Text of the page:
Ideas about feminine beauty are bust. The sublime 1350 B.C. bust of Queen Nefertiti showcases her fine cheekbones and graceful neck. Her Western contemporary look-a-like, down to the perfectly shaped dainty face, was Audrey Hepburn. Catherine Deneuve embodied the French ideal of female beauty, immortalized in the bust of Marianne.
But forget these regal beauties; they, apparently, have nothing on the double-chinned, large, flat expanses that make up Britney Spears’ crude mug. Nefertiti, Hepburn, Deneuve—your patrician pulchritude no longer excites the “porn generation”; the sly, weasel-like looks of a Paris Hilton do.
The culture’s aesthetic preferences are now shaped by the basest of instincts. I call it the porn aesthetic, another example of which is Hue Hefner’s harem of hos. The three kept creatures are currently starring in a reality show called “The Girls Next Door.”
According to Wikipedia, “The prototype of the girl next door is often invoked in American contexts to indicate wholesome, unassuming, or ‘average’ femininity.” Like Ali MacGraw in “Love Story,” perhaps? Hef’s hos have bleached, cotton-candy hair, augmented by extensions, silicone breasts, and demented, syphilitic grins. But according to an entirely new sensibility, they are the girls next door.
Still, these Jenna-Jameson clones are benign compared to, say, the aspiring publisher of O.J. Simpson’s manual for murder. Judith Regan stood for the latest low in American publishing, although her confidence in the salability of such a how-to instructional was not entirely unfounded. Market indicators were on her side.
Regan claimed she was seeking “closure, not money.” Since when is every self-appointed proxy of pain in a position to seek closure (whatever that means) for suffering she has not endured? The only two people who have the moral authority to close this case (or forgive the perpetrator) have been dead for a decade, their throats slit from ear to ear. Closure, like grief, is a personal, not a communal, affair.
Americans rejected the Regan project; they might have embraced the porn aesthetic, but they drew the line at peddling murder. That the market would seem to support an endeavor is no reason to always pursue it—a lesson Regan learned quickly when she got her comeuppance and was fired by HarperCollins for an “unrelated,” but convenient, affront.
Michael Richards’ worst offence was to have sent Paula Zahn scuttling to ferret out the racists of America. Richards’ second worst offence (besides his role as Kramer in the crappy series “Seinfeld”) was what set Zahn off. He assailed the blacks in his audience with racial slurs, after they heckled him (way too mildly) for being unfunny. Subsequently, the busybody CNN anchor launched a series of programs to expose the prototypical, wicked, Inner Racist of white America. (Come now, you know you too have one of those, don’t you?).
As I see it, the unwarranted verbal aggression Richards unleashed was far less disturbing than his gutter manners and lack of inhibitions in voicing this foul repertoire. Richards, who should have been banished forthwith from polite company (that excludes the pulp press and TV), was beamed via satellite into David Letterman’s “Late Show,” where he gruffly proclaimed: “For me to be at a comedy club and flip out and say this crap, I’m deeply, deeply sorry…I’m not a racist. That’s what’s so insane about this.”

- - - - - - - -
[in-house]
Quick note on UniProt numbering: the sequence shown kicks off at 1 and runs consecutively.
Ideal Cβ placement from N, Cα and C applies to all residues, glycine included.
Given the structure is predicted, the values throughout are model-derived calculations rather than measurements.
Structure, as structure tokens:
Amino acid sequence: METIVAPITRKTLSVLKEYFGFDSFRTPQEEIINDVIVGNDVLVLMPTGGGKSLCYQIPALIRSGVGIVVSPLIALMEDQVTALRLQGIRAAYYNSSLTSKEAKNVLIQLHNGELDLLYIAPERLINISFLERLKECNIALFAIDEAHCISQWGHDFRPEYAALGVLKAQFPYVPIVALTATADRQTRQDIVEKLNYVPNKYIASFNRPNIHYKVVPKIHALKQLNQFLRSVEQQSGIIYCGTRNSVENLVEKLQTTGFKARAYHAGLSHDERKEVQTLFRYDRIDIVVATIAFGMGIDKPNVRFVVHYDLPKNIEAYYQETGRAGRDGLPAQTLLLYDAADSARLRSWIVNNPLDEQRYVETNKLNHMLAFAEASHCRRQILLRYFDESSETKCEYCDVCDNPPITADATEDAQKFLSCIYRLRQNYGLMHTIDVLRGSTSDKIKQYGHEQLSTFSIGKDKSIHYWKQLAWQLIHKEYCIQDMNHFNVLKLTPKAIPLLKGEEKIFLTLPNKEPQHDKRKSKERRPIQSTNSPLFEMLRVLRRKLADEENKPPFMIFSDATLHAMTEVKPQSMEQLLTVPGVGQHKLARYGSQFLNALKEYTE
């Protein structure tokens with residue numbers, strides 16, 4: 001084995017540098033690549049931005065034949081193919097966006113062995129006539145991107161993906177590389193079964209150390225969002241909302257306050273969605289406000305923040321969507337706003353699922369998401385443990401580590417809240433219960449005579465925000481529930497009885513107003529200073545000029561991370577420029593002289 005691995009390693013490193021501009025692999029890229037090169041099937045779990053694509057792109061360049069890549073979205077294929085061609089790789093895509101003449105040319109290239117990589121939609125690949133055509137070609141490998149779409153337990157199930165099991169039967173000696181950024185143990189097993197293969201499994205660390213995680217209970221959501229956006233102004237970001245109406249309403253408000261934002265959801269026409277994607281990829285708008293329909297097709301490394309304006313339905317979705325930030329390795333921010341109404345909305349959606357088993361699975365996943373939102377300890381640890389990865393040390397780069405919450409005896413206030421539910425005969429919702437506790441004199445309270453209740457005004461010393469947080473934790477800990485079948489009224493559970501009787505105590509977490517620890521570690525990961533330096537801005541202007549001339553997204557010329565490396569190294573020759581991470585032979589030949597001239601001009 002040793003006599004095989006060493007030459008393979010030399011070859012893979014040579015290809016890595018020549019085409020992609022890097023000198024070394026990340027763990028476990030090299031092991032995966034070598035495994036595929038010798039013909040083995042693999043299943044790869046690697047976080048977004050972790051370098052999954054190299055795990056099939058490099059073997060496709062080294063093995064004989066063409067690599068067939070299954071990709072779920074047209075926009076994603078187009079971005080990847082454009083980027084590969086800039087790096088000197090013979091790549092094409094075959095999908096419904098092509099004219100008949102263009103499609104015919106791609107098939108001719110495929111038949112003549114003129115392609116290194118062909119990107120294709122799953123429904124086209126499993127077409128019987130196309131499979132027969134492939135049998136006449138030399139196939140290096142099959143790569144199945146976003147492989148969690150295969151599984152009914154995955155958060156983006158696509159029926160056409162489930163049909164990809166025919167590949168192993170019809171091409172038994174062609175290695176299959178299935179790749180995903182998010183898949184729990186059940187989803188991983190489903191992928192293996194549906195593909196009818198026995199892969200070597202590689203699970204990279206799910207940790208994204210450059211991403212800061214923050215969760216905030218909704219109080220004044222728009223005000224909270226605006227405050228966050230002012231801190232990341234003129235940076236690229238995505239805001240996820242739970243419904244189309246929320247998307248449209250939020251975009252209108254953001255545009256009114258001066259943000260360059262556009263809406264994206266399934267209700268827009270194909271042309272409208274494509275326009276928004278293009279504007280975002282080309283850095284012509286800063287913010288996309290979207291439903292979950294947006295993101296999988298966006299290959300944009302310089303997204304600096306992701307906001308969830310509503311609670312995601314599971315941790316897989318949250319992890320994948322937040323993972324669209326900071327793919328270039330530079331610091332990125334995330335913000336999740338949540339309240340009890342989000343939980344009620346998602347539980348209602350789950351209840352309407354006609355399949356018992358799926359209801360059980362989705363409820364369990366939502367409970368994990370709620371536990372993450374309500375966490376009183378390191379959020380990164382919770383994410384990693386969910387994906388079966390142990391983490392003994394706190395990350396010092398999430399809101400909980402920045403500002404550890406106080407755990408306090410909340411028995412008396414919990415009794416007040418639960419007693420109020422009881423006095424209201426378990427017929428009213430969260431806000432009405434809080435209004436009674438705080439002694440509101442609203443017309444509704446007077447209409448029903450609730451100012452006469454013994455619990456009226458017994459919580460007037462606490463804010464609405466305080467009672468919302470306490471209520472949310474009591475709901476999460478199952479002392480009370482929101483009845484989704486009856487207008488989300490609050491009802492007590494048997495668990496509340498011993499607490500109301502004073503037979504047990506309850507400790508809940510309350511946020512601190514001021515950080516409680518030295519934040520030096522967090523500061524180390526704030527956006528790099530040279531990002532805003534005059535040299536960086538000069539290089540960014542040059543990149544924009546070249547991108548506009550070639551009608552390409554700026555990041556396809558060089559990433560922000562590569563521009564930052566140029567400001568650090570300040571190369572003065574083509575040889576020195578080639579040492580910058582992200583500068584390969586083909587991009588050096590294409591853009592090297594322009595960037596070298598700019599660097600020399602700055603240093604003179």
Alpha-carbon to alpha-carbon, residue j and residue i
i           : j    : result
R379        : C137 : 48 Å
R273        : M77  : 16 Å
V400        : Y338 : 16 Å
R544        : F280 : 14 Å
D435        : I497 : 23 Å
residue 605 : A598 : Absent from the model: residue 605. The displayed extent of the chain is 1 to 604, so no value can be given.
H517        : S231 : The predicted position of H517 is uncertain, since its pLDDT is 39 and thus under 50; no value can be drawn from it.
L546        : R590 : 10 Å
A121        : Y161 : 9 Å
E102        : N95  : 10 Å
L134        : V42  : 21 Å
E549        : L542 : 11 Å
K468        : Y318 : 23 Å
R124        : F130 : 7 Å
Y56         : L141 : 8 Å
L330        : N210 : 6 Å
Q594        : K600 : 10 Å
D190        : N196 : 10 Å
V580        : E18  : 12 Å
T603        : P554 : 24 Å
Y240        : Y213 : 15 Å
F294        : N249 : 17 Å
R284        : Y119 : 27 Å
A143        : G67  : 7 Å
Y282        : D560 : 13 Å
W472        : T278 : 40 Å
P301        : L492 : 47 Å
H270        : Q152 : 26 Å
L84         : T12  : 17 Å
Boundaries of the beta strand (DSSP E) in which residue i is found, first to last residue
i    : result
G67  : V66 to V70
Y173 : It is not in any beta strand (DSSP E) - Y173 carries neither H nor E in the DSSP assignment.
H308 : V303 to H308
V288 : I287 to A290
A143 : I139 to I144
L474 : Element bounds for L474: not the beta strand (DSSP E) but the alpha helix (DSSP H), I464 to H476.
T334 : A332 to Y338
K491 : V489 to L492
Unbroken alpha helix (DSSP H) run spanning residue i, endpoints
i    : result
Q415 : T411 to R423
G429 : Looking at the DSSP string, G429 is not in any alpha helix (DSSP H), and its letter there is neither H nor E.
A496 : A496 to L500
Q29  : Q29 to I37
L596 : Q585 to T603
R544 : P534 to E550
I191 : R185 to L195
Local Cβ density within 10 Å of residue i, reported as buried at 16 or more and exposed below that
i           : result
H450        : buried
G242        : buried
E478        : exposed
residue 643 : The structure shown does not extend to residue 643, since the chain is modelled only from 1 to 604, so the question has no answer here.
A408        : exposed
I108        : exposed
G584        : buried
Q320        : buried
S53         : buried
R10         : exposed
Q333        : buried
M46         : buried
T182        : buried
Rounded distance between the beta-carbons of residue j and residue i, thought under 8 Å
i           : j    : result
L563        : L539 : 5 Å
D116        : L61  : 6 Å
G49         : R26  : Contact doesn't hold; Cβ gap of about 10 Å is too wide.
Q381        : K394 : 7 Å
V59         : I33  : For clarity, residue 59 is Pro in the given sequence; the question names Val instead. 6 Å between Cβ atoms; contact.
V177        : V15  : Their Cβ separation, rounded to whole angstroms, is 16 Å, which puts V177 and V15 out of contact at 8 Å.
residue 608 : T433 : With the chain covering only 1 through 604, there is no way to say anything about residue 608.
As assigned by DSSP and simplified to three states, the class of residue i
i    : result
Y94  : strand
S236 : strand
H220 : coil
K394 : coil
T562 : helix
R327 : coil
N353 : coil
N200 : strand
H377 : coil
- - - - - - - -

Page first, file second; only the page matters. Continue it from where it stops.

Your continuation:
No, what’s “so insane” about these regular installments from celebrity sewer rats is the apology ritual that ensues, and the notion that saying sorry is somehow redemptive. What’s “so insane” about these events is the public’s readiness to buy the bifurcation the uncouth celebrity will offer up—that somehow an entity other than himself possessed him for the duration of the tirade. That’s what’s so insane.
Oprah’s Obama, now there’s another emblem of fin-de-siècle America. Barack Obama mania was started by no other than the Queen of Kitsch. So swept up in it has everyone become, that we clean forgot who was responsible for this debutant’s vertiginous rise.
The Democrat’s beau ideal and his artful “ideas” represent the Oprah-ization of American life, down to his exotic multicultural names. Mind you, had he been christened “Barak,” Obama’d be the namesake of an impressive “military general in the Book of Judges.” Alas, if this indeed is the genesis of his name, his mother misspelled “Barak.” His middle name—”Hussein”—Obama shares with Saddam and many millions of Muslims. Whatever.
More material, Obama’s thinking on the defining issue of the day—Iraq—is quintessentially Obamacentric, and is in keeping with his party’s dereliction of duty. In the words of contrarian Fred Reed, “Democrats don’t want to do anything drastic about the war…In other words, they care more about their electoral prospects in 2008 than they do about the lives of GIs.”
And that’s way worse than Paris and Britney’s most offending body parts (their faces), or Richards’ and Regan’s vulgarities.
;2006 Ilana Mercer